The Mississippi River has long been a lifeline for Iowa, and you can learn about its history at the National Mississippi River Museum and Aquarium in Dubuque. Kids can take their turn at the wheel of a reproduction barge or see turtles and herons in the nearby Woodward Wetlands. For another family-friendly museum experience, head to Indianola and the National Balloon Museum, which takes visitors through more than two centuries of hot air ballooning history.
For a fascinating look at one of Iowa's unique groups of settlers, visit the Amana Colonies, a group of seven villages founded by members of a German religious sect over 150 years ago. Until 1932 members lived communally, sharing cooking duties in central kitchens. The communal kitchens are now restaurants serving simple, wholesome fare. You can also explore five museums, buy traditional furniture and crafts, stay in quaint B&Bs, and even go golfing.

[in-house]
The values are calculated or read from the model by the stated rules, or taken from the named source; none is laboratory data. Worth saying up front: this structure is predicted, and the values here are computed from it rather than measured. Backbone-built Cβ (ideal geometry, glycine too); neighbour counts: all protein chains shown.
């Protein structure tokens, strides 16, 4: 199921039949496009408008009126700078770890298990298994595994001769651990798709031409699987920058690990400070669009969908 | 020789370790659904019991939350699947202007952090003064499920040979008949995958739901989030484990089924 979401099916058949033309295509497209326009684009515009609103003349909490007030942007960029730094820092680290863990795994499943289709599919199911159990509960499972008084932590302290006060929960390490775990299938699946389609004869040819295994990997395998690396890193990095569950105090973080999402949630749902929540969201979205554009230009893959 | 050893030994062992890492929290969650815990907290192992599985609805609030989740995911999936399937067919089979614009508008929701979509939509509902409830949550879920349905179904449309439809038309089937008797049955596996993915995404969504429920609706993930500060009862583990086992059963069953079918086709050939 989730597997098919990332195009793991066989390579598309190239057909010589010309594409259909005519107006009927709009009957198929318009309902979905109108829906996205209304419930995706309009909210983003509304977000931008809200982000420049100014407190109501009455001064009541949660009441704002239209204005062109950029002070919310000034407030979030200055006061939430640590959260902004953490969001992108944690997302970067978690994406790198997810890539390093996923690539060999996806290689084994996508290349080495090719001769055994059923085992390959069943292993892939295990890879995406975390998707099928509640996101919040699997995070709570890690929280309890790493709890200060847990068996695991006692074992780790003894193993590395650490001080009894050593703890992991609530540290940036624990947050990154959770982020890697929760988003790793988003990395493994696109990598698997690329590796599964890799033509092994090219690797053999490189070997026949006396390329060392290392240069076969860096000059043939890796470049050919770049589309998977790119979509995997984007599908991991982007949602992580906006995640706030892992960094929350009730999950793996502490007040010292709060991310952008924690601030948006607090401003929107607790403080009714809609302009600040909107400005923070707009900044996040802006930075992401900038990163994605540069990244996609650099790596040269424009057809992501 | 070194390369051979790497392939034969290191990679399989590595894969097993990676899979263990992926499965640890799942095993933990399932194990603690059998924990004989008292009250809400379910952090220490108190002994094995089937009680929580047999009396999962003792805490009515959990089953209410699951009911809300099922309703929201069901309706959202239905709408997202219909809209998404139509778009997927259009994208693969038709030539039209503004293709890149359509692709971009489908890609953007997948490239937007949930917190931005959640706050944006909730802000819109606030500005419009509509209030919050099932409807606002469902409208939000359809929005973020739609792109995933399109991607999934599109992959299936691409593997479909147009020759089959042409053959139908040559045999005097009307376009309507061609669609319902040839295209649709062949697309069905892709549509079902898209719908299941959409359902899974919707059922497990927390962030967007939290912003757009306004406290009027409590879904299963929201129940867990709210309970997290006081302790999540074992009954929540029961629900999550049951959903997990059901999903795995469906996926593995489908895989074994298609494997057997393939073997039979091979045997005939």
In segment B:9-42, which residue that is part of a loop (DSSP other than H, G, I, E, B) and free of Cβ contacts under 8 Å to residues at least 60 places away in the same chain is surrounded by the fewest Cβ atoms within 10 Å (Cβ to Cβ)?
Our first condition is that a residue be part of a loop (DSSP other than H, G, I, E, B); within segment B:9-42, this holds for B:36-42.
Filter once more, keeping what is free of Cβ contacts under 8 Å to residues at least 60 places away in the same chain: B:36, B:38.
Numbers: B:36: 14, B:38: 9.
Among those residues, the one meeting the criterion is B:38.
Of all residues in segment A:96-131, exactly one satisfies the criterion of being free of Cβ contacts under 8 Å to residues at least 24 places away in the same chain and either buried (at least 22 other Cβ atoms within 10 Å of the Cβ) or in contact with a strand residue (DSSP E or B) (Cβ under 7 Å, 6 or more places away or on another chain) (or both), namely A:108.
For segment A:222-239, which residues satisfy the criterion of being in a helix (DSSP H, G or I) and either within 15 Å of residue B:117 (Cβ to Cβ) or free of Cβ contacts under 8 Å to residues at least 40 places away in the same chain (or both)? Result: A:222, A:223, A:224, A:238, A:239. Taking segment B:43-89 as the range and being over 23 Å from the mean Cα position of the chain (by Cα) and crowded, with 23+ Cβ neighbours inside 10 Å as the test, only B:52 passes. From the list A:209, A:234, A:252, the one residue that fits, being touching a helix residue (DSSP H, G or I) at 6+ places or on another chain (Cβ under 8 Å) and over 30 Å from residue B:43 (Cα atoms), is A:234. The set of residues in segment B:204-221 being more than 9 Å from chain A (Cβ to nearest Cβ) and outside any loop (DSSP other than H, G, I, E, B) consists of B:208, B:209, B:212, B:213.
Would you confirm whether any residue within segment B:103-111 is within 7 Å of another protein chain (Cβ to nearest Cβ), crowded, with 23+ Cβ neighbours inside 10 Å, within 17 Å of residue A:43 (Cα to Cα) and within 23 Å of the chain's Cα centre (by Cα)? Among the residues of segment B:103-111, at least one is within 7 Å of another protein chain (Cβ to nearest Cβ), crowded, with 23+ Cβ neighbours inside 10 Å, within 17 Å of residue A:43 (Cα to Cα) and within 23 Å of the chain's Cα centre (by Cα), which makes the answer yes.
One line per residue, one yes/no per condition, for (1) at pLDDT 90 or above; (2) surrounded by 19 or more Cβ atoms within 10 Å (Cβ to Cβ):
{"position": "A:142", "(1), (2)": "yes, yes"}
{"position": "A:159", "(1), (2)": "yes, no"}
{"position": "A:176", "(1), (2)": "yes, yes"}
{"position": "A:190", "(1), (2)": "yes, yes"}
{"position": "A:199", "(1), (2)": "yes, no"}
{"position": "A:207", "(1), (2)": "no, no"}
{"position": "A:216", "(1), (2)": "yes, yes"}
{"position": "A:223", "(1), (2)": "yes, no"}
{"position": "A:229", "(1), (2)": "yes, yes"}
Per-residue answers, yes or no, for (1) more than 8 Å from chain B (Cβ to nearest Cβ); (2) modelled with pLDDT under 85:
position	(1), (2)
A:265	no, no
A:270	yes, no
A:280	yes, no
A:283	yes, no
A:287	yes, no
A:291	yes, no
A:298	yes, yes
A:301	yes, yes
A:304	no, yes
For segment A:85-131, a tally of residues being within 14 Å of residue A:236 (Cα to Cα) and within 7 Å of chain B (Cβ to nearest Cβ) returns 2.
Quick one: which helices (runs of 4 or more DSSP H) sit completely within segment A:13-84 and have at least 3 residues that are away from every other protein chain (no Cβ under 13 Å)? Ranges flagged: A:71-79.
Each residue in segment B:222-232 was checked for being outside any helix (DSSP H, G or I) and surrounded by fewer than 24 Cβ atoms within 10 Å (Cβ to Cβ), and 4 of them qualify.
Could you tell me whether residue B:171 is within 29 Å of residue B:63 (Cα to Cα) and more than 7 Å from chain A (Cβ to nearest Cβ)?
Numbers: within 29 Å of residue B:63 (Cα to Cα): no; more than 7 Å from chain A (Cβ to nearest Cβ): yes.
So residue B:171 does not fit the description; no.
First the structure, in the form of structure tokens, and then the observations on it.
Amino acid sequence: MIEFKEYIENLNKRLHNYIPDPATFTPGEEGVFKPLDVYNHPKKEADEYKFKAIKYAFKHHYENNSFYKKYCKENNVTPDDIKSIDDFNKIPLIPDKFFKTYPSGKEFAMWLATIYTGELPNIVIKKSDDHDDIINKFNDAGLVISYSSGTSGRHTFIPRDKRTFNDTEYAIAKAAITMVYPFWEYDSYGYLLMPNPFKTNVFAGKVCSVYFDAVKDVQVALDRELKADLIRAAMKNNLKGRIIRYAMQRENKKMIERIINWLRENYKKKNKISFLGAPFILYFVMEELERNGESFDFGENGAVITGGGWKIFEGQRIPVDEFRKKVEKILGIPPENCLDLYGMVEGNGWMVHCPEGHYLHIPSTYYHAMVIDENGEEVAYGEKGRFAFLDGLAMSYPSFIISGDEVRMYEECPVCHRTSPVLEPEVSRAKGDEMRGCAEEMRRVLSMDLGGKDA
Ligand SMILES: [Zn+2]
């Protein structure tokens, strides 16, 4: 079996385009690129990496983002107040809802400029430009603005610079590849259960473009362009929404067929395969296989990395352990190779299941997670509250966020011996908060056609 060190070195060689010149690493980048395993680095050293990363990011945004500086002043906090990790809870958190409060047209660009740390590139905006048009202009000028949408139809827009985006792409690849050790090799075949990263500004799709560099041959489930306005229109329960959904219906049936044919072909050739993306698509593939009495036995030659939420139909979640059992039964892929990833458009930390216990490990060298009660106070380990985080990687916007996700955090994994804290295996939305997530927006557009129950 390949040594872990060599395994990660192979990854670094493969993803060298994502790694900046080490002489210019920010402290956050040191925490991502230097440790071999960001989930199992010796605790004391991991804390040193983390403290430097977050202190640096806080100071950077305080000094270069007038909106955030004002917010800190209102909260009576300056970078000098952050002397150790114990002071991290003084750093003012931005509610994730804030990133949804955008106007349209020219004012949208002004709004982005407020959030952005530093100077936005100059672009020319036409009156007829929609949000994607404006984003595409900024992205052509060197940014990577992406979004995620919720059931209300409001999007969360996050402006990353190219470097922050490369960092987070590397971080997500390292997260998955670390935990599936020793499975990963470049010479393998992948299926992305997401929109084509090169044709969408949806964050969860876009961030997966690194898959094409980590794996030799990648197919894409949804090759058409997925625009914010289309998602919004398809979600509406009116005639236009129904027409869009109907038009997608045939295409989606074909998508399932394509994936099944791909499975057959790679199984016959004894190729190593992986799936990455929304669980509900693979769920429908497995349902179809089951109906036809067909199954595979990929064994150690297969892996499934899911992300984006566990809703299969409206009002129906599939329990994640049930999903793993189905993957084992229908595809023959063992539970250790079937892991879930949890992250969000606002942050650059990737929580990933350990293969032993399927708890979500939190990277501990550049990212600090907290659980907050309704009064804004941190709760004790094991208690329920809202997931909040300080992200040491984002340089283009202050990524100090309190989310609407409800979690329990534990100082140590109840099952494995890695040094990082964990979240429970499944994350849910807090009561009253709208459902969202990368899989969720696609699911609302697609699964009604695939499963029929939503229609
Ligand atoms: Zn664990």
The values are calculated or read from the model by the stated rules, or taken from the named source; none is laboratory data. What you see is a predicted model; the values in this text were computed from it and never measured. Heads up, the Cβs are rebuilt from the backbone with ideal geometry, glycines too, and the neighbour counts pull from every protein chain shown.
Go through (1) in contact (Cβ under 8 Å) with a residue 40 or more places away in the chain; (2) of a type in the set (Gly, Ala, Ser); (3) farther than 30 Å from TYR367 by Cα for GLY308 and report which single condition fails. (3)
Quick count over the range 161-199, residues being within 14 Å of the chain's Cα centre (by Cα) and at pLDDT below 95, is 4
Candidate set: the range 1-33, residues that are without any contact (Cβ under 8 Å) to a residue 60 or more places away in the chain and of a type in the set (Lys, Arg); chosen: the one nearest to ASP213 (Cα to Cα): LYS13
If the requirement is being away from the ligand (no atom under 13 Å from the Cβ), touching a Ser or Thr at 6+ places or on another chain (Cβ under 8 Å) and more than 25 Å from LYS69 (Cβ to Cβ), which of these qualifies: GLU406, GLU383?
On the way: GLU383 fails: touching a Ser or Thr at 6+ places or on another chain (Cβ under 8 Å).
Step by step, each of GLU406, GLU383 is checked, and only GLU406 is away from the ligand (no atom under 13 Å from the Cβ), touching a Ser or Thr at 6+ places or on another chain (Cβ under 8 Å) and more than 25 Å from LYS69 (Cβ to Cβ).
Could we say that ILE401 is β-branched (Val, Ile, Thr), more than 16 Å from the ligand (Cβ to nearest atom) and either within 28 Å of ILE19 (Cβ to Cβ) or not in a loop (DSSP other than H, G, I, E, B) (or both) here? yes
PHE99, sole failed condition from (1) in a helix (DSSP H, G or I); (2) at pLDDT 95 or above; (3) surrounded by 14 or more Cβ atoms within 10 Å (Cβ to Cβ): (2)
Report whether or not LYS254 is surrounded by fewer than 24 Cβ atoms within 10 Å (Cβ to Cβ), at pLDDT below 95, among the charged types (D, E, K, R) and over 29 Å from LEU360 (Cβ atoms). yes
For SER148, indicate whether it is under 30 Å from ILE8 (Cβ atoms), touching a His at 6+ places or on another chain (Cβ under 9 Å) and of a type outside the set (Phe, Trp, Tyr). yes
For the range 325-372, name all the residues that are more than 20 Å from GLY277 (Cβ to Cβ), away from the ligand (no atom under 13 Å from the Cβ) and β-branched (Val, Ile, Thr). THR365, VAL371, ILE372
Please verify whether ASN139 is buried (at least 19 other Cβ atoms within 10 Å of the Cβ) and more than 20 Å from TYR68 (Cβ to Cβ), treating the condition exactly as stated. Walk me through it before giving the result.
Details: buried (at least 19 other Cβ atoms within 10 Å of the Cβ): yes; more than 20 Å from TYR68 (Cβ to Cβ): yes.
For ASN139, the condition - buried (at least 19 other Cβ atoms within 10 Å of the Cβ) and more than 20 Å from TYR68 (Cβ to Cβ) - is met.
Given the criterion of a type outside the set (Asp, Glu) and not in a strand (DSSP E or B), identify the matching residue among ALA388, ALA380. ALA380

In Des Moines, you can't miss the multi-domed State Capitol building—the central dome is gilded with 23-karat gold. Sign up for a guided tour and you'll see everything from a collection of dresses once worn by Iowa governors' wives to the spectacular law library, with its wrought-iron circular staircases and stained glass ceiling. Political junkies will also be drawn to the Herbert Hoover Presidential Library and Museum in West Branch, where the 31st president was both born and buried.
Almost 90 percent of Iowa's land is dedicated to agriculture—the state leads the nation in production of pork, corn and eggs—and you can sample some of the bounty in Iowa's 180-odd farmers' markets or at many restaurants throughout the state.
Iowa is also home to five National Wildlife Refuges. Keep your eyes peeled for bald eagles and migrating waterfowl at the DeSoto National Wildlife Refuge near Missouri Valley, or elk and buffalo at the Neal Smith National Wildlife Refuge and Prairie Learning Center near Prairie City.